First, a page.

Here's an extract from the book described as 'amazing', 'revolutionary' and 'incredible':
We’re going to assume a couple of things here:
1. That you have some kind of work of fiction either written or in your head and
2. That it involves something that you want a reader to experience.
Fiction, at its best, is a way of conveying something to a reader.
Perhaps you’ve never thought of it like that before. Most would-be writers haven’t -indeed, many actual writers haven’t. But it’s true to say that the best fiction out there has one thing in common: it successfully conveyed something to a reader. That 'something' might been joy, elation or a sense of victory; it might have been sadness, pity or a feeling of loss. Perhaps it was a sense of desperation or despair; perhaps it was laughter, relief or contentment. Or maybe it was a combination of many of these things and others, subtle or unsubtle.
Undeniably, though, all successful fiction conveys something. The least successful fiction is merely the ramblings of the author, and fails to connect to any reader or to bring about any transfer of knowledge, emotion or thought; the most successful fiction feels as though it is taking place in our own minds rather than that of an author whom we have never met; it connects with us on levels we didn’t know we had; and from it we gain insight, awareness and ideas that are hard to describe in any way other than through the story itself.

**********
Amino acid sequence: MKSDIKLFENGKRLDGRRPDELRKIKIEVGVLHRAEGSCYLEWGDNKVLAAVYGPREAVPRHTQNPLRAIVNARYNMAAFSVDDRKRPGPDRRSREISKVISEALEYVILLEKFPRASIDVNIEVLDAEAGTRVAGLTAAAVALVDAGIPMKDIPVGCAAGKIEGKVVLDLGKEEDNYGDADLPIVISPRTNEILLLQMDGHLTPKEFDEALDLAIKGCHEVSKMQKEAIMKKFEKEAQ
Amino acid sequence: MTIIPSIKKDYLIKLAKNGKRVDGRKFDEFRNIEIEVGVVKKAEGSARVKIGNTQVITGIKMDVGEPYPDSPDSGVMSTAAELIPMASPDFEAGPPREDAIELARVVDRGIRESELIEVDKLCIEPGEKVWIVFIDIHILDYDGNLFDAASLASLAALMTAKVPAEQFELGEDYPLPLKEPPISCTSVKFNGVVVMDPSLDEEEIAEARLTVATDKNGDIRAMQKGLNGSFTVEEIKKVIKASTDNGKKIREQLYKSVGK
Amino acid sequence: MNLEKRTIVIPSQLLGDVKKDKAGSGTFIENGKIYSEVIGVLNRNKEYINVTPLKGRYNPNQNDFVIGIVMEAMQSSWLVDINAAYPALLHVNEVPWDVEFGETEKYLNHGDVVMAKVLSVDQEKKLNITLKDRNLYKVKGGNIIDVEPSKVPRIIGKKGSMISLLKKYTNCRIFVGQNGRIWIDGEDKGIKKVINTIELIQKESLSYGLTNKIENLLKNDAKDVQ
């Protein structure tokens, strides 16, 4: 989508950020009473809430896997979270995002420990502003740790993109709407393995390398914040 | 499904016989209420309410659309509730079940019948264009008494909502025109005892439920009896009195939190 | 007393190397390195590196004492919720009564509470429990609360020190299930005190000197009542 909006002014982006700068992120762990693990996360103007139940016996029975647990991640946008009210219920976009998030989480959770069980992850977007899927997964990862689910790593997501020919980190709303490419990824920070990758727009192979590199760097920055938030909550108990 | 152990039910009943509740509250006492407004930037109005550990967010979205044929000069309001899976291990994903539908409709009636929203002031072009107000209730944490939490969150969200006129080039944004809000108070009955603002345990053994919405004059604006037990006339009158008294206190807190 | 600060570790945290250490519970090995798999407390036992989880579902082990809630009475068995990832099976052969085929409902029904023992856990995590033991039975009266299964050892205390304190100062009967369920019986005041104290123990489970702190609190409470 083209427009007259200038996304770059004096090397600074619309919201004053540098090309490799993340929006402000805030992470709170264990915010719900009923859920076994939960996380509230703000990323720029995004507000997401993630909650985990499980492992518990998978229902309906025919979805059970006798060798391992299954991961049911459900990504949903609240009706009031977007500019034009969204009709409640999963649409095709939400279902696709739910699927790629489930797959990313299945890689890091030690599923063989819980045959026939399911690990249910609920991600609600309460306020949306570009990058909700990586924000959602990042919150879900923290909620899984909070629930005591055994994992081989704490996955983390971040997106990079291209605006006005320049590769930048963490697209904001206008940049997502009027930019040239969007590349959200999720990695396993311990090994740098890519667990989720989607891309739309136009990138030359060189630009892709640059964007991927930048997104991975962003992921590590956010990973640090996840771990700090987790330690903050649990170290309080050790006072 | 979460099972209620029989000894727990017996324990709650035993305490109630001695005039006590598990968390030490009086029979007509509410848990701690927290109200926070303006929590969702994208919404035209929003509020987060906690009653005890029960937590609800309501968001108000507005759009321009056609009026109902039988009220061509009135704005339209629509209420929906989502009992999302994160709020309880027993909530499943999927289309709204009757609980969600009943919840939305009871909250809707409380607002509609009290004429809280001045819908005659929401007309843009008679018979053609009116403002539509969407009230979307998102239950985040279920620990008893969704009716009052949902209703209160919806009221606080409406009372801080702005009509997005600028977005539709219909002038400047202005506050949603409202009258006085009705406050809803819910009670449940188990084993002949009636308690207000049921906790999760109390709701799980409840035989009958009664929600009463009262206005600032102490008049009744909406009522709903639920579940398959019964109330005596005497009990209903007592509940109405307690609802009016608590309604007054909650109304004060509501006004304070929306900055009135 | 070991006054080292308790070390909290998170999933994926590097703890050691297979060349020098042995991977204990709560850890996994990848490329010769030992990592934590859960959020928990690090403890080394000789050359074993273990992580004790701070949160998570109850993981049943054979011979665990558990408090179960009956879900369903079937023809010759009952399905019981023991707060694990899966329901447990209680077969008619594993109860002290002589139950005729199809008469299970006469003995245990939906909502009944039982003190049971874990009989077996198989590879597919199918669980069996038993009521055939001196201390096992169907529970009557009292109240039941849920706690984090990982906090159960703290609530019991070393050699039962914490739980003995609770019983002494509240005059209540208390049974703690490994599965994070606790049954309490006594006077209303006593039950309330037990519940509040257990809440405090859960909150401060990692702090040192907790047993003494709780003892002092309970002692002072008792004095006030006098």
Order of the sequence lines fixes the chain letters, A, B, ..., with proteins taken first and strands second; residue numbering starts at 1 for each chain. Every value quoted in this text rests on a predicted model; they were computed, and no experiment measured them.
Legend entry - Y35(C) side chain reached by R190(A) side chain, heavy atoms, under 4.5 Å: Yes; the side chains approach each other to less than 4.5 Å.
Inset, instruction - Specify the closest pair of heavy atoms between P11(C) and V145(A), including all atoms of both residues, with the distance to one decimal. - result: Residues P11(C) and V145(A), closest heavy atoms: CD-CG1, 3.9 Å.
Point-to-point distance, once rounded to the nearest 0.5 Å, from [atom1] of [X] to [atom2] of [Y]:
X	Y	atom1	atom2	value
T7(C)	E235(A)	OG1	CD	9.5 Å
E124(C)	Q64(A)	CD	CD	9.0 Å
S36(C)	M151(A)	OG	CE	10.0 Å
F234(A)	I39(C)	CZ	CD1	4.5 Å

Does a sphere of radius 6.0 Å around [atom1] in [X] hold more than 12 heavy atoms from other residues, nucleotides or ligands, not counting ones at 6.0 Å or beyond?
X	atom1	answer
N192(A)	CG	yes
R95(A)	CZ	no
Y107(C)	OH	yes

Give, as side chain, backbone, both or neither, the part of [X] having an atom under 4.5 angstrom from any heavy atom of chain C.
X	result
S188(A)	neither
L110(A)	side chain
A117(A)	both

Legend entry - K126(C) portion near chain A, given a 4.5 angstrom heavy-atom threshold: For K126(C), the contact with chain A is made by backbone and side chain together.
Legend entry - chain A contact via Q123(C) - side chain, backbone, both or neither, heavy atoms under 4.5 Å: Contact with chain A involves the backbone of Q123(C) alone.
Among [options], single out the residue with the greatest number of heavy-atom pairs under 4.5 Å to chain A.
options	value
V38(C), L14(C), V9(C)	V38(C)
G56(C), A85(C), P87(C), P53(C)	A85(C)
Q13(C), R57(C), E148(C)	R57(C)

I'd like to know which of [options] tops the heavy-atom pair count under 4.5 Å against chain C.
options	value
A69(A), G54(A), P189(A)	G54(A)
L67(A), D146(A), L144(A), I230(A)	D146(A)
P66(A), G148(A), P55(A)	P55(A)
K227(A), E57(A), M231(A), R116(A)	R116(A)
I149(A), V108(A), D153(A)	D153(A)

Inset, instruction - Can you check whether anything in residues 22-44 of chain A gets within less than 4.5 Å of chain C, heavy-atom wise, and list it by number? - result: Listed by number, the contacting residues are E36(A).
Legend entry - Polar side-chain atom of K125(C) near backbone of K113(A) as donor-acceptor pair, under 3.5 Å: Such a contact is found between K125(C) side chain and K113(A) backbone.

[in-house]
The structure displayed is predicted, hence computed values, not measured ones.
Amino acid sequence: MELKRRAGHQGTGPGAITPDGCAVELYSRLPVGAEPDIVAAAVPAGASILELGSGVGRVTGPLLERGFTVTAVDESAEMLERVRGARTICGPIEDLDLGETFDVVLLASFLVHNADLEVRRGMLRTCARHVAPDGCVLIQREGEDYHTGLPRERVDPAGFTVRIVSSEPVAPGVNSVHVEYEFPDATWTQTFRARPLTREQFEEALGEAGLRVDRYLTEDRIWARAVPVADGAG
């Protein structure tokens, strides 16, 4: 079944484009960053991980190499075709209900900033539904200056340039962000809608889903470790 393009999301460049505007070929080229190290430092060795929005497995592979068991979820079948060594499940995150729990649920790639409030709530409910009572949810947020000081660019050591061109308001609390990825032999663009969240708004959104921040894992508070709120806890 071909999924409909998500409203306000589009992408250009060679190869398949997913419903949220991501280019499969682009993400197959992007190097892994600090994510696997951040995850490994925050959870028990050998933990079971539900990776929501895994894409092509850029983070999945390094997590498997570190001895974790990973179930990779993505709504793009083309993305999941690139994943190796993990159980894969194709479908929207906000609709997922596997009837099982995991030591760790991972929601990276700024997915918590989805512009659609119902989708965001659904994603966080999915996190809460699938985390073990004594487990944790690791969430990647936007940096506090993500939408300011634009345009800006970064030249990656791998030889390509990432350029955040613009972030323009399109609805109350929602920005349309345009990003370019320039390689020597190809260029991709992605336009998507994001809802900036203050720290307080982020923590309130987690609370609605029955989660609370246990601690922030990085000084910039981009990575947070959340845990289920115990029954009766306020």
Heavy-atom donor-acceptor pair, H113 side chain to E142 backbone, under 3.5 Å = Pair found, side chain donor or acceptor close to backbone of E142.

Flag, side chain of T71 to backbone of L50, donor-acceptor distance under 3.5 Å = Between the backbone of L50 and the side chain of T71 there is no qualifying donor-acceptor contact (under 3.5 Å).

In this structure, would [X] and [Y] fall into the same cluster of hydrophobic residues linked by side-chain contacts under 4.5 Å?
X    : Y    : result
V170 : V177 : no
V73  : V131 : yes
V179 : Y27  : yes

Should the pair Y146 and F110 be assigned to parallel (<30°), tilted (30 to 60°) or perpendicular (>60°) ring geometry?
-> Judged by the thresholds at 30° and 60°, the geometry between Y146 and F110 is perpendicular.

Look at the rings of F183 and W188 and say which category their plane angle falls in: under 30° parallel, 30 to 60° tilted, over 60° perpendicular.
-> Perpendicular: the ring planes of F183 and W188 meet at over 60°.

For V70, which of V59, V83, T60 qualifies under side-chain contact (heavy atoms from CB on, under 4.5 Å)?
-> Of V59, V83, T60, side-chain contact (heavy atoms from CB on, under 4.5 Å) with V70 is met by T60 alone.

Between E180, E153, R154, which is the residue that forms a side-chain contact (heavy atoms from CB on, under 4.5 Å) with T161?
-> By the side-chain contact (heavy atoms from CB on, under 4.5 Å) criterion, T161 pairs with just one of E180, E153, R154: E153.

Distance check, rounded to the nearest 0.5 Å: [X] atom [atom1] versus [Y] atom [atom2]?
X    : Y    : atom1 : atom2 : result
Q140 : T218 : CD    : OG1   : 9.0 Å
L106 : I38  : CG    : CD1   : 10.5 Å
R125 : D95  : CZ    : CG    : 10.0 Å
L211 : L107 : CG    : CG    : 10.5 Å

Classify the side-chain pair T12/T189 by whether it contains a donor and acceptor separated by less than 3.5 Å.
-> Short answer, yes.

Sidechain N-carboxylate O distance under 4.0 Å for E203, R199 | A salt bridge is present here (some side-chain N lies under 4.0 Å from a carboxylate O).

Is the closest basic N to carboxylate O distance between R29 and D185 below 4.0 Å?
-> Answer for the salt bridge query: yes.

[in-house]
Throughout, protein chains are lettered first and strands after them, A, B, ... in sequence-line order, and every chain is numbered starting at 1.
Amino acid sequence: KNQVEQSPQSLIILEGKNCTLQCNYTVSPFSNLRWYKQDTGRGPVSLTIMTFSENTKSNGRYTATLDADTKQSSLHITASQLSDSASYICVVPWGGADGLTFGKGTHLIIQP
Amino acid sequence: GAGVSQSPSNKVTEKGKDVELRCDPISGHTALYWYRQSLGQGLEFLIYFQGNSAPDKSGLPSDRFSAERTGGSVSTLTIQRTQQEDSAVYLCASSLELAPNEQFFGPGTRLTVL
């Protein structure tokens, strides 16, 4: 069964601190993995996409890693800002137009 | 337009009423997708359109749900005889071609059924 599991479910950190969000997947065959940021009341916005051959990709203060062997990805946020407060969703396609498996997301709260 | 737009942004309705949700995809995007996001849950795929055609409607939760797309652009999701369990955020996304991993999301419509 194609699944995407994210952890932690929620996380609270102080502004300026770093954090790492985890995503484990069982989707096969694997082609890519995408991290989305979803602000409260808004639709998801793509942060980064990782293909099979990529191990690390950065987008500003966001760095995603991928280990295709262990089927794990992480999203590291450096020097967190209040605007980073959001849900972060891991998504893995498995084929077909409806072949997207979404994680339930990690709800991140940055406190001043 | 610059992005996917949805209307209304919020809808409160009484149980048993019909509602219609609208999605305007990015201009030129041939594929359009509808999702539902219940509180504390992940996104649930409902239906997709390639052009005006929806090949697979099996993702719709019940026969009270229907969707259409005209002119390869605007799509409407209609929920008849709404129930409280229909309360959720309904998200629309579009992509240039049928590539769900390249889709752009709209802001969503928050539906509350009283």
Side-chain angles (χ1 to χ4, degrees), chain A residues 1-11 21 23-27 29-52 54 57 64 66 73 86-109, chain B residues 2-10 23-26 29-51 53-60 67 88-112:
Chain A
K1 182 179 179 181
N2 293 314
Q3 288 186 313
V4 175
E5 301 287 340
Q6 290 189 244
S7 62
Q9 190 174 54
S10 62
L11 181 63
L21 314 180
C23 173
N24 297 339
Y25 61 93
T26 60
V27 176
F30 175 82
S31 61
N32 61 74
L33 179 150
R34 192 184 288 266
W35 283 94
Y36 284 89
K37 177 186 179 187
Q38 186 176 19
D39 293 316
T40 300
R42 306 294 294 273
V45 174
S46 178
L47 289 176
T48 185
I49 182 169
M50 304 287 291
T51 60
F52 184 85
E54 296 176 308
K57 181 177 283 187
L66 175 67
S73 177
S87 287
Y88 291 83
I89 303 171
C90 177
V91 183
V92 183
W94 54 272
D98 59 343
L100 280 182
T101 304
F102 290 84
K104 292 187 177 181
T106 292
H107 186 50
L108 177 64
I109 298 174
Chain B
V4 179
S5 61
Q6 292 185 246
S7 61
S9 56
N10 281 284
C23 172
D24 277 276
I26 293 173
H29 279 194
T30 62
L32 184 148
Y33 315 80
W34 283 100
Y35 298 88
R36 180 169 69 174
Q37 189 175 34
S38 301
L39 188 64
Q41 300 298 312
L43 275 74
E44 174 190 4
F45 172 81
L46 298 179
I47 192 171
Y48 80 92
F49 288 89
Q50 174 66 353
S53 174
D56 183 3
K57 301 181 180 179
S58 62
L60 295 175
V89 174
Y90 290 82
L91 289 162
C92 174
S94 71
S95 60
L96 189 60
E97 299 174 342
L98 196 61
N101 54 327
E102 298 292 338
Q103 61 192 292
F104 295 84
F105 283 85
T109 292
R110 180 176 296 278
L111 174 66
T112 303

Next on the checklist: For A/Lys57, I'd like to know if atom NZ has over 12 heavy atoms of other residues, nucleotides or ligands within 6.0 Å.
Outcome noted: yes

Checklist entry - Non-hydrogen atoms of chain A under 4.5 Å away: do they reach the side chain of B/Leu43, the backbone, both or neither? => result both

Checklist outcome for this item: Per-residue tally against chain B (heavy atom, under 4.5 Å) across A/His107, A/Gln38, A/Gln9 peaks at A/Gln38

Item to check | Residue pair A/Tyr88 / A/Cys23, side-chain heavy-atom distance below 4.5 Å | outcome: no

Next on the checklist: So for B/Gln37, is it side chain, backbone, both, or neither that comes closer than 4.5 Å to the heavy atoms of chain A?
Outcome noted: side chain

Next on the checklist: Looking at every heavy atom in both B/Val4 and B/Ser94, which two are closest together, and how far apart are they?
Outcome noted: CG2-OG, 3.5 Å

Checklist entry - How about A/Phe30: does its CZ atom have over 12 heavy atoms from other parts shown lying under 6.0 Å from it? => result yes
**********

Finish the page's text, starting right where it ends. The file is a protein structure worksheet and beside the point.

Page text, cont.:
To put it another way:
A successful piece of fiction exactly matches needs in a reader, even if the reader wasn’t aware of the needs in the first place.
It has to match the needs before it can be called a success.
That might include a need for a whole range of vicarious experiences; it might be a need for communion with our fellow human beings, for emotions, for insights, for wonder, for sensations, for escapism or for confrontation or anything in-between. When the need is matched, the fiction is successful. What’s the difference between success and failure in fiction?
Successful fiction is written for readers; unsuccessful fiction is written for writers.
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